We Do the Right Thing, Period: Uber Enters an Era of Transparency

Uber Technologies Inc. may not always have been dedicated to doing "the right thing, period," but it's taking on that new mantra thanks to CEO Dara Khosrowshahi. 

While Uber has had a problematic past - a CNN report from earlier this year found there have been more than 100 reports of sexual violence against Uber drivers - the company is working to right the wrongs now that founder and former CEO Travis Kalanick is no longer in the picture.

On Tuesday, May 15, Uber announced that it was ending its policy of mandatory arbitration from survivors of sexual violence at the hands of Uber drivers, riders or employees, which officially allows victims to publicly say #MeToo.

In a press release, Uber stated that it has begun to make "significant improvements to [its] safety processes." This includes adding features that "allows riders to share live trip information with up to five trusted contacts ... and [Uber is] rolling out a new emergency button in the app that can automatically communicate the car's location to a 911 center."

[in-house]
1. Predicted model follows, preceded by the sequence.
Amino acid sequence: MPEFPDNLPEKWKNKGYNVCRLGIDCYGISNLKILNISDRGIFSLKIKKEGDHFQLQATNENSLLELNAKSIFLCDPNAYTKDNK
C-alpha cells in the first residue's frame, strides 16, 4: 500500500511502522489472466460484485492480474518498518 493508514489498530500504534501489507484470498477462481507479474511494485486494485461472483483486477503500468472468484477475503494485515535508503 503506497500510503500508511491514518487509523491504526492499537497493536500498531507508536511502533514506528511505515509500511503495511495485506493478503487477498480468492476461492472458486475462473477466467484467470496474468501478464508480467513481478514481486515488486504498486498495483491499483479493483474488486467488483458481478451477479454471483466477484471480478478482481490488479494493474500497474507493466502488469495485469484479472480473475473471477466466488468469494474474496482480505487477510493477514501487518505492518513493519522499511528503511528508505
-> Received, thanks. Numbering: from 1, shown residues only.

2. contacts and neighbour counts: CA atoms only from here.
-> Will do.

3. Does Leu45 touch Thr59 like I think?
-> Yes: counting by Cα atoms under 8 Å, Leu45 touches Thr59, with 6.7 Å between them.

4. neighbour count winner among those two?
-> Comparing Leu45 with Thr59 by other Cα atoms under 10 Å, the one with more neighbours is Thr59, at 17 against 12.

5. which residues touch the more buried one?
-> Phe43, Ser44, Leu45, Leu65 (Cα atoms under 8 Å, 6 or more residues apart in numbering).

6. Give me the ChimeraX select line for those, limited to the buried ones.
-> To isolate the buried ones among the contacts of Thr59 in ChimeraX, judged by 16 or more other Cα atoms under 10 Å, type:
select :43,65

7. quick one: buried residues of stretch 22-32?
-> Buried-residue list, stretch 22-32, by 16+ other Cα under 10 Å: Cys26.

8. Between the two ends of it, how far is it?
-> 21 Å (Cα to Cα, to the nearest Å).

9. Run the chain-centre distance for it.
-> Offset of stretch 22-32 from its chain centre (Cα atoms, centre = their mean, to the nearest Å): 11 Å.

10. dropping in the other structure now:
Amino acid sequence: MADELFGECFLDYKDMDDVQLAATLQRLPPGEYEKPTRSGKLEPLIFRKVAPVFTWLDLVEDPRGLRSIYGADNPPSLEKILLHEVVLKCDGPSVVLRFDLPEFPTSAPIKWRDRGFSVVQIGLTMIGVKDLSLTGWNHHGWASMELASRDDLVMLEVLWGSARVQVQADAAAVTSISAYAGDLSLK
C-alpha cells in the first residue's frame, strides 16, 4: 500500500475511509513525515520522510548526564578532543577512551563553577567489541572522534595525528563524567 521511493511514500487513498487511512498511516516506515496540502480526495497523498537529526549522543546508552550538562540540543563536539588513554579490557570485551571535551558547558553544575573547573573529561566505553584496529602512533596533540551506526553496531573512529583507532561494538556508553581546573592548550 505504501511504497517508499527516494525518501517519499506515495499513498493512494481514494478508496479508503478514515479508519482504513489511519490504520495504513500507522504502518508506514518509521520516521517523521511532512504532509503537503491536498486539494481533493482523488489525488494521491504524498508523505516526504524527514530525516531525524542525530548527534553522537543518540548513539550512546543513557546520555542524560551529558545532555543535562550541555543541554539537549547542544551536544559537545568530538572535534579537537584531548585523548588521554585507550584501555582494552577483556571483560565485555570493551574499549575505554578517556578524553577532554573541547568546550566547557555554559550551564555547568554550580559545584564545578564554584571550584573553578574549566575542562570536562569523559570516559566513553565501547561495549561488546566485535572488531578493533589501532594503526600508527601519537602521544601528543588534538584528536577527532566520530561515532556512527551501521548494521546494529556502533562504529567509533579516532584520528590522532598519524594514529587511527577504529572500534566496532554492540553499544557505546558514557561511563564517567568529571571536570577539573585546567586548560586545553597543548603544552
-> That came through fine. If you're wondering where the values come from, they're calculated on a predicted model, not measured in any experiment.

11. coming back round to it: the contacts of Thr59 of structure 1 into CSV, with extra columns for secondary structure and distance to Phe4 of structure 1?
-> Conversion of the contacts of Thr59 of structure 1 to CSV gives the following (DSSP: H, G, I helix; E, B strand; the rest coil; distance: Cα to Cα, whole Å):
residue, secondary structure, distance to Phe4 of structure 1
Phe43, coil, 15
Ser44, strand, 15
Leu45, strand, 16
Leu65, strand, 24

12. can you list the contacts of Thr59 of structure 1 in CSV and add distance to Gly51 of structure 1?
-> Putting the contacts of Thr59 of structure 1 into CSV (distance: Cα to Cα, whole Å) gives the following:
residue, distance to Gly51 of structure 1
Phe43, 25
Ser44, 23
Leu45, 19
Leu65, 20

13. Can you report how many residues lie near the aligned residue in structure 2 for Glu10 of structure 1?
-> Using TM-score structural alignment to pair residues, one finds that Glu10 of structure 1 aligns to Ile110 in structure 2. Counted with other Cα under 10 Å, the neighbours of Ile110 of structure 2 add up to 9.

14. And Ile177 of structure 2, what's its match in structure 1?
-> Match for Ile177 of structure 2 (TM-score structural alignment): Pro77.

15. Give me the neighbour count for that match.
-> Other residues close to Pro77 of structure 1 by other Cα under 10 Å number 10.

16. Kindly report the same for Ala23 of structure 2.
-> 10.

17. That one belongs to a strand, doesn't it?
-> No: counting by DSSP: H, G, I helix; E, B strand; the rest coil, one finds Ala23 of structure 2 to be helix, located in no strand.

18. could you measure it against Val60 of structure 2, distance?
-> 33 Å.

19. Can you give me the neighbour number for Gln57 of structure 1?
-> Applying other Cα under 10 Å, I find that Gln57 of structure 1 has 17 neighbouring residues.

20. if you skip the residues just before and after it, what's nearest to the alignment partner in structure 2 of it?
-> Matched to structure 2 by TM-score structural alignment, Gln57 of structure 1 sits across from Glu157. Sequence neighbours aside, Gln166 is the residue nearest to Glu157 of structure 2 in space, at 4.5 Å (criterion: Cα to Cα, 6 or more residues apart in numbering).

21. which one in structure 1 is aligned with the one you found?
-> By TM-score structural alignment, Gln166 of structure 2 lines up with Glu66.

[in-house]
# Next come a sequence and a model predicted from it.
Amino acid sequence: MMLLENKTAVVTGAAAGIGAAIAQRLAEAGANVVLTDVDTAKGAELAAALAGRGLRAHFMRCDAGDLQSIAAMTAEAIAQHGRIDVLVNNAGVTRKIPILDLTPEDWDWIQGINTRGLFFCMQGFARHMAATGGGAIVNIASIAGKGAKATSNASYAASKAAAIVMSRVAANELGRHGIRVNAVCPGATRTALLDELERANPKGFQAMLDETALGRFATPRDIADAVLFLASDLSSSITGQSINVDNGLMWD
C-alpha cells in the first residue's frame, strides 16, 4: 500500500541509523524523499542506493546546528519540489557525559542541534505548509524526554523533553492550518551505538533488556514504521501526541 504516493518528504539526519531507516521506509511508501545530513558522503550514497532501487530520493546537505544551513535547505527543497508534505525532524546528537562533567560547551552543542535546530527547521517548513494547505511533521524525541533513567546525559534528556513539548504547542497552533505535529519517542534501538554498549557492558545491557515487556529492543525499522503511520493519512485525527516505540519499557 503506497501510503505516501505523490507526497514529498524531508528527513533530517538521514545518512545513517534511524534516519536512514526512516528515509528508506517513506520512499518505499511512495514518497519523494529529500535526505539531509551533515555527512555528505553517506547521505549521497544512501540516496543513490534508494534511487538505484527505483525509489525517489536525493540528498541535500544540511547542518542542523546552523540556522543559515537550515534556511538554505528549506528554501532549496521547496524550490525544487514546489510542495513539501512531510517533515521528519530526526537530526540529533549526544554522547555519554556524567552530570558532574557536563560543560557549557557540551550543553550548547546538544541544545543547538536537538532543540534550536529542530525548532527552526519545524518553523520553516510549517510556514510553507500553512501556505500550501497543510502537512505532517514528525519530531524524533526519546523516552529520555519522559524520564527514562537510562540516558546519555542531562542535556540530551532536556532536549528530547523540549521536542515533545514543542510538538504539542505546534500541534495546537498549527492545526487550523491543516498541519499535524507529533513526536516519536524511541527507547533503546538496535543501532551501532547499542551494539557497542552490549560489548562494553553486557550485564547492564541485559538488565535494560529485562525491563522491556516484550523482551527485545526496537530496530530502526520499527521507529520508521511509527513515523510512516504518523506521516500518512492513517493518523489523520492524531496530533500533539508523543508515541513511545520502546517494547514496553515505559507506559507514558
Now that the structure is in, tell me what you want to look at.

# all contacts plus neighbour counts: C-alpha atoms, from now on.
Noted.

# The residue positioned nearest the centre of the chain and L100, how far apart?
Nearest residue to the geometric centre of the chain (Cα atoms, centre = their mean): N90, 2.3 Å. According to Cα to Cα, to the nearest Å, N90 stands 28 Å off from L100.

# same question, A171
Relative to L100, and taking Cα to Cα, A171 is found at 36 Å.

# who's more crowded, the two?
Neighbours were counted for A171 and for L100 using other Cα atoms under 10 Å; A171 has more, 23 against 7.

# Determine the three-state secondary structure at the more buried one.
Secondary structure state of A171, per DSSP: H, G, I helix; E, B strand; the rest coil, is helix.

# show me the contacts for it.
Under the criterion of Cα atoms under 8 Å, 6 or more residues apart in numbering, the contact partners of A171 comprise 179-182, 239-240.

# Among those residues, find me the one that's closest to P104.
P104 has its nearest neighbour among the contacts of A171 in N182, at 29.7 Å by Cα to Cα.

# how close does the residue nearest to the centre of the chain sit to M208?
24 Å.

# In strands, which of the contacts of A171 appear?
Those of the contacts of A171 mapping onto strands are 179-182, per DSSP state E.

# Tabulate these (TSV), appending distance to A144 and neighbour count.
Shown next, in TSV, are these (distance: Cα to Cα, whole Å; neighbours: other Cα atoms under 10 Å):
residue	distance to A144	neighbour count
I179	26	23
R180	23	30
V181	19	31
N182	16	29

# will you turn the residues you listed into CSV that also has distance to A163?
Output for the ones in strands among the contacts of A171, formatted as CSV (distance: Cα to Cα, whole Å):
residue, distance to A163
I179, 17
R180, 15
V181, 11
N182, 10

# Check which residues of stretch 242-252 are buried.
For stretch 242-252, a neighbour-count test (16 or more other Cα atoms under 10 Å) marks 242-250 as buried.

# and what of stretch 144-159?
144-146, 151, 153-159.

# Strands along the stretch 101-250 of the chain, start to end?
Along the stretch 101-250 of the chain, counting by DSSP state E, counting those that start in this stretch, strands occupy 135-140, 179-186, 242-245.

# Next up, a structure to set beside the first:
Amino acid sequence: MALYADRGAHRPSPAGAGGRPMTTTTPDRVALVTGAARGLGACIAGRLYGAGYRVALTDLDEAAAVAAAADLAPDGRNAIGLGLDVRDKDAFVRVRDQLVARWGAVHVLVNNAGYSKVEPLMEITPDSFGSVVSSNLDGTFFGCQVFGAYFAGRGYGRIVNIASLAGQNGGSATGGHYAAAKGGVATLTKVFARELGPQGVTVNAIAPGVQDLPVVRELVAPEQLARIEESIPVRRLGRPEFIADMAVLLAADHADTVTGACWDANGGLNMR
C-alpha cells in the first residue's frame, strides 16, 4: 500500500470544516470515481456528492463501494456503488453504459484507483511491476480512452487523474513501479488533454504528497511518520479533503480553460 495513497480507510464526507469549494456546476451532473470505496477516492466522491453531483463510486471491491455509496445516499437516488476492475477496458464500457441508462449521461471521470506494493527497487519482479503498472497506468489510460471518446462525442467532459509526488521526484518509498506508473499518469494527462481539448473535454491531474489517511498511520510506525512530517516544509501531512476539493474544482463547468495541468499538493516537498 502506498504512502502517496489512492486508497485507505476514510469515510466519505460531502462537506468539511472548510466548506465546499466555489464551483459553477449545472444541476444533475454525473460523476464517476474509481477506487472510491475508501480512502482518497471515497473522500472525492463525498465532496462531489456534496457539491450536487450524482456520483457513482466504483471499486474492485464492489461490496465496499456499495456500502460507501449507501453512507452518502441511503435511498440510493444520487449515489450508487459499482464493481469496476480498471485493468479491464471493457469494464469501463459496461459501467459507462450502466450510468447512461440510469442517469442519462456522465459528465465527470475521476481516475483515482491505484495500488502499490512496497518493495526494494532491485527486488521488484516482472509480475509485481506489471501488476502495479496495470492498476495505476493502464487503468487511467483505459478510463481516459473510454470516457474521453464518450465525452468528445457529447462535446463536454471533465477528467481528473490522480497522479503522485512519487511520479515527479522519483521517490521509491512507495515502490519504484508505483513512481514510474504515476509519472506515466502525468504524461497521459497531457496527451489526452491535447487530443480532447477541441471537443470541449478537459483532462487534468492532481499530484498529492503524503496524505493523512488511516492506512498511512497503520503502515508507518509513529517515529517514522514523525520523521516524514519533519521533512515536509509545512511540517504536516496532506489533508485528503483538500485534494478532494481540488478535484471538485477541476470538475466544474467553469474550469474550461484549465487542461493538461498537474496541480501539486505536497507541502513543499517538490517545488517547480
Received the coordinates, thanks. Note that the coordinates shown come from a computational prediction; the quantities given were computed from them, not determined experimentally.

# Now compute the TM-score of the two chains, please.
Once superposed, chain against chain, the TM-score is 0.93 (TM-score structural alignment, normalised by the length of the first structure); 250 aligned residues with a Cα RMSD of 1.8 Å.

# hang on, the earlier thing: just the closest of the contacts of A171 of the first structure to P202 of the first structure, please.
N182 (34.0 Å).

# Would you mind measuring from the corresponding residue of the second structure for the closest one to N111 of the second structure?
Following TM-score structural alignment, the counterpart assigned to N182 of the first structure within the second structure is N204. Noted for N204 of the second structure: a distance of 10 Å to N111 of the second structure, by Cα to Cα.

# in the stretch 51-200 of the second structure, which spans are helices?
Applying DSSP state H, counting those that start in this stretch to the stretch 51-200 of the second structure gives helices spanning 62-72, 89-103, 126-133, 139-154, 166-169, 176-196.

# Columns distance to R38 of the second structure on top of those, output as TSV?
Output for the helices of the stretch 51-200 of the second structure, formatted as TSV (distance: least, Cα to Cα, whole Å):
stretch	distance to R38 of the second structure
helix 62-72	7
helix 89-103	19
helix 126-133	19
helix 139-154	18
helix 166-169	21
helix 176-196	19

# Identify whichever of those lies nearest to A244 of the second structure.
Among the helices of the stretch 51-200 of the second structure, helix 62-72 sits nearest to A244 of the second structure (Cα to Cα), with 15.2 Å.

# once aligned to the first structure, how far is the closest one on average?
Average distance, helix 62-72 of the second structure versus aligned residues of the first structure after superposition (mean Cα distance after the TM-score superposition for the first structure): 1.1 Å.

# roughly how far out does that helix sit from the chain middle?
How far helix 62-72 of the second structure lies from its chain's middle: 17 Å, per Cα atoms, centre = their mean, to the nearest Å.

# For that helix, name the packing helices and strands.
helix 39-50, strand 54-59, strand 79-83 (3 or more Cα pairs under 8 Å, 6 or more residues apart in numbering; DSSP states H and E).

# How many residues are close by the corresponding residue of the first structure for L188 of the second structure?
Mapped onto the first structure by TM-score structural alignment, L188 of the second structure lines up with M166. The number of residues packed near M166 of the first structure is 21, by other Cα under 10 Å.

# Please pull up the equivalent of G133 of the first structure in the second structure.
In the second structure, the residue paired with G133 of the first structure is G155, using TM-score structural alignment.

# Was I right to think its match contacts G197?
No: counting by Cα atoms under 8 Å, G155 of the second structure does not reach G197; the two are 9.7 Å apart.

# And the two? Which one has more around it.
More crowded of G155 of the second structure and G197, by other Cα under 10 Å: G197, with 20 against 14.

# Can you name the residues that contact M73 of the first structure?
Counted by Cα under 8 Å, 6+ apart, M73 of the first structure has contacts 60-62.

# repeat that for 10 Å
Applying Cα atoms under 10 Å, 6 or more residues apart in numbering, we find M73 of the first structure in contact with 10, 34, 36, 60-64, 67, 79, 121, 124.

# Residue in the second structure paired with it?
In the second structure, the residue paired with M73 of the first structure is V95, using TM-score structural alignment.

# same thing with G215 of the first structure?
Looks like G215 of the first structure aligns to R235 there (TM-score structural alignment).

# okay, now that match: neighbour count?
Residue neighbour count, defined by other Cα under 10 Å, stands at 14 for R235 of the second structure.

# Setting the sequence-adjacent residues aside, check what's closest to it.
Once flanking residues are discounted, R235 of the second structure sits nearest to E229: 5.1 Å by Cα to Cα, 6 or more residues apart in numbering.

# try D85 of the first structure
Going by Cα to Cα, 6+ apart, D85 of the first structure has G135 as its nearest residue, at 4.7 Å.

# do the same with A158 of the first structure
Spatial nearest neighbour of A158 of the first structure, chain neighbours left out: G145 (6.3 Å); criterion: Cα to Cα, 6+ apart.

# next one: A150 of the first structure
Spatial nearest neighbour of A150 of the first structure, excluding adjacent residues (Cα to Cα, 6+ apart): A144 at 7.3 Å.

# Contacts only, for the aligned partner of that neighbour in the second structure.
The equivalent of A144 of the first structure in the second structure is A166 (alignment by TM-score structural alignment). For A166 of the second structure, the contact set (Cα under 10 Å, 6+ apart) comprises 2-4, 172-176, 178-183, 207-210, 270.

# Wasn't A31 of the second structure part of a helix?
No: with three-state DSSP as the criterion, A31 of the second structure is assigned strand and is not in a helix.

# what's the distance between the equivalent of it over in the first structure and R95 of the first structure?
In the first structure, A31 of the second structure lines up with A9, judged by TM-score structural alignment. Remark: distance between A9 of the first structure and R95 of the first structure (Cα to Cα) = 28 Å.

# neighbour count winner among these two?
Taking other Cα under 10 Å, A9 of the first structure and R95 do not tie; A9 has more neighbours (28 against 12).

As Uber works toward correcting its past mistakes, the ride-sharing company said it was working on "self-reflection" and challenging "orthodoxies of the past."

As part of challenging the past, the company will allow victims to "settle their claims with Uber without a confidentiality provision that prevents them from speaking about the facts of the sexual assault or sexual harassment they suffered."

Uber isn't stopping there. It's committed to "publishing a safety transparency report that will include data on sexual assaults and other incidents that occur on the Uber platform," the company said.

"We believe transparency fosters accountability. But truthfully, this was a decision we struggled to make, in part because data on safety and sexual assaults is sparse and inconsistent. In fact, there is no data to reliably or accurately compare reports against Uber drivers versus taxi drivers or limo drivers, or Uber versus buses, subways, airplanes or trains. And when it comes to categorizing this data for public release, no uniform industry standard for reporting exists today," Uber said.

While Khosrowshahi is still settling into his new role as CEO, he's already proving that he's ready to move the company toward a path of transparency. 

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